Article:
lifting arm gear question ?

i have a easy question, fir power and so it doesnt fall as easy on an arm, would you use the smallest gear from the motor to like a 64 tooth ? or use a medium gear from motor to a large gear second ?? thanks

The higher the gear ratio (driven:drive), the more torque you get (less likely to fall). Assuming you’re driving the 12-tooth gear (connected to motor), and the following gears are driven, the ratios are:

Extra large gear - 84:12 or 7:1 (most torque, least speed)
Large gear - 60:12 or 5:1
Medium gear - 36:12 or 3:1
Small gear - 12:12 or 1:1 (least torque, most speed)

Ok, I have the smallest gear to the motor and the largest gear to the arm, if I threw in another 12 tooth gear inbetween , so it would be small gear to motor another set of small gears , then large gear on arm , would that help to slow down and not fall ?

It sounds like you have a problem keeping your arm at your desired height. Instead of changing your gear ratio, try adding elastics/rubber bands to provide tension upwards on your arm so that gravity does not push it down when you raise it. You’ll have to play around with the amount of tension you provide to find the right ‘balance’ for the arm.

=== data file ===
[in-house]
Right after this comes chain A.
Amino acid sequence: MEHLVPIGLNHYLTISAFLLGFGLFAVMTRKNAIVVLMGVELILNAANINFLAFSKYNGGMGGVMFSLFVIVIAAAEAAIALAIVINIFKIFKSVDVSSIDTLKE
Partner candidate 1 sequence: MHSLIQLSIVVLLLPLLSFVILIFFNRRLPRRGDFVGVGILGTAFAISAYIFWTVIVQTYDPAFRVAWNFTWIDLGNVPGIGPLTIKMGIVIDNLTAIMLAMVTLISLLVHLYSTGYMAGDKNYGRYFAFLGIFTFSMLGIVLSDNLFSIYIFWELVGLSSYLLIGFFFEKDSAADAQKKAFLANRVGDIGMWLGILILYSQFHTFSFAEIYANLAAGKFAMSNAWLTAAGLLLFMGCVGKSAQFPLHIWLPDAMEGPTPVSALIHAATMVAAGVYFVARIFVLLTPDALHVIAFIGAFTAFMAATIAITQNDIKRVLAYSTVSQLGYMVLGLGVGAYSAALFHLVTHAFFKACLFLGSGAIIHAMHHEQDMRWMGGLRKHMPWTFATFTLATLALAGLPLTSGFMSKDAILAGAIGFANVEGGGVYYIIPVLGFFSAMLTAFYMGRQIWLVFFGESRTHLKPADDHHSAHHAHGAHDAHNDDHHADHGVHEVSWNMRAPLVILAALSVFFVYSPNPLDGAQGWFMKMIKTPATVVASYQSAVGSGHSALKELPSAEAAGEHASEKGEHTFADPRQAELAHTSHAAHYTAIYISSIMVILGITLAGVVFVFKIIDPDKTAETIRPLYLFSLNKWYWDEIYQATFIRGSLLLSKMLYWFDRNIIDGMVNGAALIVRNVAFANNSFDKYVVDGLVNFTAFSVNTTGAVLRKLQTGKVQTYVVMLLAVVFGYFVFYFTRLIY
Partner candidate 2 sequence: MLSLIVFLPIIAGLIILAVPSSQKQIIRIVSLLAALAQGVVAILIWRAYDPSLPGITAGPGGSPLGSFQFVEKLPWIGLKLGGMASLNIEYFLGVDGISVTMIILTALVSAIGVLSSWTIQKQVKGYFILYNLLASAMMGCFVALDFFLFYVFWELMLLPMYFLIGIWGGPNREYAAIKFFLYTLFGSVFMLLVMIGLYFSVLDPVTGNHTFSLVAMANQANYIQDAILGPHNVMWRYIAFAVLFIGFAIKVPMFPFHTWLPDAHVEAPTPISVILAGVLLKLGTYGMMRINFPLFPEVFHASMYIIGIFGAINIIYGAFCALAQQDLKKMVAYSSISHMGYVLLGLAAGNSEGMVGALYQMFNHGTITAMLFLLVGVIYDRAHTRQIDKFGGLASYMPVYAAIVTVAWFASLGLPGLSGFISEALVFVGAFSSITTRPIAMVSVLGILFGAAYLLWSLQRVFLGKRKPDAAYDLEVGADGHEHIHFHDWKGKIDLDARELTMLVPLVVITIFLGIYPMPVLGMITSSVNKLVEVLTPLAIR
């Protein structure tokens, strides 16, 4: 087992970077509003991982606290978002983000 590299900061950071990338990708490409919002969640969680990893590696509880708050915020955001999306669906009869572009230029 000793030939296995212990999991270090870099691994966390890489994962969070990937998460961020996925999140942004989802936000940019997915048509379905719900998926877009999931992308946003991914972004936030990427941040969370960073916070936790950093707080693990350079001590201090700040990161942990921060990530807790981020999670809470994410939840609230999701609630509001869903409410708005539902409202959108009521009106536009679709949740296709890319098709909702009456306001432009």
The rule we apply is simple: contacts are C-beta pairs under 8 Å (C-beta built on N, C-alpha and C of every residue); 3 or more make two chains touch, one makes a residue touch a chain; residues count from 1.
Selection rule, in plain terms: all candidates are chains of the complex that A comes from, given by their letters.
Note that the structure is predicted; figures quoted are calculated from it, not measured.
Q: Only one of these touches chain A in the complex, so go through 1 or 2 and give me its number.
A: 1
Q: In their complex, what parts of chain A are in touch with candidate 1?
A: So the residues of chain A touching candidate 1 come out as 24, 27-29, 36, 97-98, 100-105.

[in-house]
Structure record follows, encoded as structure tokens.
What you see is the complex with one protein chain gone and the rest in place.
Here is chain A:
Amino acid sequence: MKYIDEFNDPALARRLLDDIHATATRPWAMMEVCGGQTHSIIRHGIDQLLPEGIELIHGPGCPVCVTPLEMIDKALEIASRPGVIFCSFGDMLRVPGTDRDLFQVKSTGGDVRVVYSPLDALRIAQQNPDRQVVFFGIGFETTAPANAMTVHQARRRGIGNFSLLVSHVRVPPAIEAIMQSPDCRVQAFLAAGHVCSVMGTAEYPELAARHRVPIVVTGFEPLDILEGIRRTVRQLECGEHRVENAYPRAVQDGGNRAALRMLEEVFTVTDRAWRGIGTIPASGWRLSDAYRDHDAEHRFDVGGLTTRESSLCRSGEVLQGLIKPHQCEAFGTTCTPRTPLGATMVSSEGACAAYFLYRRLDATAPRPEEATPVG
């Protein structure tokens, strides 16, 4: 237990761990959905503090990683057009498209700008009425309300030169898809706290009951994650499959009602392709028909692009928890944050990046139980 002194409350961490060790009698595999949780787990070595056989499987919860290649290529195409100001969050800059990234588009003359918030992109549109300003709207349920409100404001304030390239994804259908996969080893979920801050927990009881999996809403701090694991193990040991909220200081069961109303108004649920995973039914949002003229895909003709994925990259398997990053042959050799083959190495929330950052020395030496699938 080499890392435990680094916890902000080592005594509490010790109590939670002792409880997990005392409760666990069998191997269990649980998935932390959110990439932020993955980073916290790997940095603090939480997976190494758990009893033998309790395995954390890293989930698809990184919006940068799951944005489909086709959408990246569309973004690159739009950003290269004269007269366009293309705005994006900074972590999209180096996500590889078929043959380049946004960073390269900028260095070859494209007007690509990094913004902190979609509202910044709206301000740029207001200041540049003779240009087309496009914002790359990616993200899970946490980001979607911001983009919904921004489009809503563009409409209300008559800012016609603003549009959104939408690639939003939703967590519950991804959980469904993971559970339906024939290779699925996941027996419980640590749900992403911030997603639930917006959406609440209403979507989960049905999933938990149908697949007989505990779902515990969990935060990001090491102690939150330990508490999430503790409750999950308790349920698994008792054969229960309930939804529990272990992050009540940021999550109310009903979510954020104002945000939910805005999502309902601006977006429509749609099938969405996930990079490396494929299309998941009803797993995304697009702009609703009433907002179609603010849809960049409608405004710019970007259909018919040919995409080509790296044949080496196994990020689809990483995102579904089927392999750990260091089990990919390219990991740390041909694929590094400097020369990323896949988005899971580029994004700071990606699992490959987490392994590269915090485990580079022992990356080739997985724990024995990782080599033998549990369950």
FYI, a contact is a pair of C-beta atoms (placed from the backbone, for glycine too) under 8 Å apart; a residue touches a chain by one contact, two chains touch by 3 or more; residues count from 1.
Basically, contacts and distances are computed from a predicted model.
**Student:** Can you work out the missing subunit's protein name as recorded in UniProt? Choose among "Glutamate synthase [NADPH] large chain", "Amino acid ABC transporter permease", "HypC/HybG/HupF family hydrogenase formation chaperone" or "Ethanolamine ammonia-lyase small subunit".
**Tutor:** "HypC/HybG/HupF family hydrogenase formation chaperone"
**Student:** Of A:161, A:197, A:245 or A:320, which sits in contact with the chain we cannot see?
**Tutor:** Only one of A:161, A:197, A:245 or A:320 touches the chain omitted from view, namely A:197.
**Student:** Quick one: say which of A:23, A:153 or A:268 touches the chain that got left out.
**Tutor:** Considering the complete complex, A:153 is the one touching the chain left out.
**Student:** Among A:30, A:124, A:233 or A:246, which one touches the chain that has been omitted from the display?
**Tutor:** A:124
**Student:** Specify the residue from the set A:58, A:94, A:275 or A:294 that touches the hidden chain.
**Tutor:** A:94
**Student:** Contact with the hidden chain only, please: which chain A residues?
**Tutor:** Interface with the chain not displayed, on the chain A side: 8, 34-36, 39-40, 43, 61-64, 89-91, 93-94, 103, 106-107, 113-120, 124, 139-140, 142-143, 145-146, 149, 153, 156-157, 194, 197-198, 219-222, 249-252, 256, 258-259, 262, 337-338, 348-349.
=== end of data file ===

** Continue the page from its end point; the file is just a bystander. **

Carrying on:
To answer your question, yes, a middle idler gear (or gears) may help the arm not fall down on its own, due to the additional friction introduced by that middle 12tooth gear.

You can also make a “compound” gear ratio. That will provide you with more torque if you build it correctly and more friction, both of which will aid you in holding your arm up.

would a 5:1 gear ratio be good for a NZ design 6-bar?

My team currently runs a 7:1. It really all depends on what type of motors you are using, what quantity your using, and how heavy your lift system and intake is.

Be careful with compound gearing, as you’re putting a lot of torque on the intermediate and final shafts. For example, 3:1 followed by 3:1 will put 3x more torque, and thus force, on the intermediate and final shafts than will a single (hypothetical) 9:1 gearing. If you don’t have issues with gears slipping, compound gearing should be fine.

Motors should not be supporting the whole weight of the arm by themselves. Use elastics to take some of the burden off of the motors.

I would advise a 1:7 ratio whether you are using two motors or four motors. With four motors a 1:5 would probably be fine, but I imagine you would want more motors for your drive so I would say two 393s at 1:7 for a six bar.

That also depends on how many game pieces your intake will hold at once…
7:1 even with rubber bands usually has trouble lifting 6 pieces at once.

@NNE : I would personally go with the 5:1 if you’re using aluminum on the standard New Zealand lift/scoring mech. I’ve heard that team 10D has had great success with this gear ratio so far.
But it’s a simple switch either way, perhaps you should test it in different game scenarios on the practice field you have in the basement. :slight_smile: